World War I and the Great Migration had a tremendous impact on black Chicago. Industrial jobs that were previously closed to blacks were thrown open to meet the demands of the war. Thousands of Southern blacks flocked to the city looking for employment and a chance to build a new life north of the Mason-Dixon line.
The large number of Southern migrants looking for work and housing in the segregated city caused mounting racial tension. In the summer of 1919, the city erupted in the bloodiest race riot in Chicago's history.
Despite the racial unrest, the post-war economy was booming. In the black community known as Bronzeville, black entrepreneurs developed thriving enterprises that catered to the neighborhood's residents. Nightclubs and dance halls were filled with music lovers swaying to the blues and swinging to a new sound called jazz that captured the nation. In this fast-paced modern age, a black aviation movement took off in Chicago, but the high-flying times didn't last. The Great Depression hit the nation hard. Jobs became scarce, yet tens of thousands of hopeful black migrants continued to stream into Chicago looking for better lives.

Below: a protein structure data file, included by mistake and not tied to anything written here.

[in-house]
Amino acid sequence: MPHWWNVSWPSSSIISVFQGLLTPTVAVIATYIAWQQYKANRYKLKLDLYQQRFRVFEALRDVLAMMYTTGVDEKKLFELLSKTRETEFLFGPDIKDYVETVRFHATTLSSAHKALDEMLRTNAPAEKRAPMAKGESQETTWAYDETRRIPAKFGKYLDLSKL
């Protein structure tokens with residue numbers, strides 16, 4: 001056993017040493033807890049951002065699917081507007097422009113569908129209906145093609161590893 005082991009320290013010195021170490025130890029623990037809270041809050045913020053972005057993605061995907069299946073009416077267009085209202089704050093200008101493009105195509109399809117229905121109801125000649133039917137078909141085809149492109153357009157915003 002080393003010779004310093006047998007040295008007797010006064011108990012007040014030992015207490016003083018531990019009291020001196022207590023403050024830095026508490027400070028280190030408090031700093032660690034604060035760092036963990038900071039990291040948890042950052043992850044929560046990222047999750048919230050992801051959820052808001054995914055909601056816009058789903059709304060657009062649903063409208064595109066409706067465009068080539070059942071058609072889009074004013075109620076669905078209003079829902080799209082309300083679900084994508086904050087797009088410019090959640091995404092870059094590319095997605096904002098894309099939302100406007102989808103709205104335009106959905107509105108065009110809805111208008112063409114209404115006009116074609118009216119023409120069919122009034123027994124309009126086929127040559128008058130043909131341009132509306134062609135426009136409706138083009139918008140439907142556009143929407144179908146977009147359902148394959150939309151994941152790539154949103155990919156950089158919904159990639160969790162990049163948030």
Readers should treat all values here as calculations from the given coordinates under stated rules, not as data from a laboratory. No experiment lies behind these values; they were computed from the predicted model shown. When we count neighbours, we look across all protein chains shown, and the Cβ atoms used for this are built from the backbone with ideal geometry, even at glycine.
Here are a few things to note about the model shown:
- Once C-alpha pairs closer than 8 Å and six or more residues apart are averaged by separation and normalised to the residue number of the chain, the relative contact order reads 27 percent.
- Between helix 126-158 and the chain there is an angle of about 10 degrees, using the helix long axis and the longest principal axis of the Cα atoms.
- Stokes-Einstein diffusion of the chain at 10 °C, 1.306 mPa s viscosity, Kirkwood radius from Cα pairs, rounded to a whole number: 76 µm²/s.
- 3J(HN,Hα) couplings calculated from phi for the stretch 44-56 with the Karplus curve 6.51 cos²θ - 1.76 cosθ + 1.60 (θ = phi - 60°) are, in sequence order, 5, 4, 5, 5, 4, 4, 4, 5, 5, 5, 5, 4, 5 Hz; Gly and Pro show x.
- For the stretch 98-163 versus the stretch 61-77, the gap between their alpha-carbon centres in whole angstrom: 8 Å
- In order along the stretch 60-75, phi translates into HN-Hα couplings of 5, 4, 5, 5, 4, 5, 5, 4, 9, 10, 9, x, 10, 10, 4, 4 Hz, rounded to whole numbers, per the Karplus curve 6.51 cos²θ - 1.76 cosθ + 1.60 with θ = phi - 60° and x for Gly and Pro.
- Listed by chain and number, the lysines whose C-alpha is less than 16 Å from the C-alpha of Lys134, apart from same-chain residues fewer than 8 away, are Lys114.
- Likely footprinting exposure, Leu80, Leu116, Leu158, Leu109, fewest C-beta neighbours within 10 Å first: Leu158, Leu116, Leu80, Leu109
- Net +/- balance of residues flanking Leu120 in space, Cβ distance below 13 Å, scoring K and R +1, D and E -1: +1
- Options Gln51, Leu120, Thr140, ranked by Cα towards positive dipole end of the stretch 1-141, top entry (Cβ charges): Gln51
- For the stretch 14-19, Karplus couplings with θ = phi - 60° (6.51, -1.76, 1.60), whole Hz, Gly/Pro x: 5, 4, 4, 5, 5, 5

Out of this mix of hardship and prosperity came new forms of activism, art, and thought. The black community was changing and these changes were reflected in the works of some of the 20th century's most talented black artists during a period known as Chicago's Black Renaissance.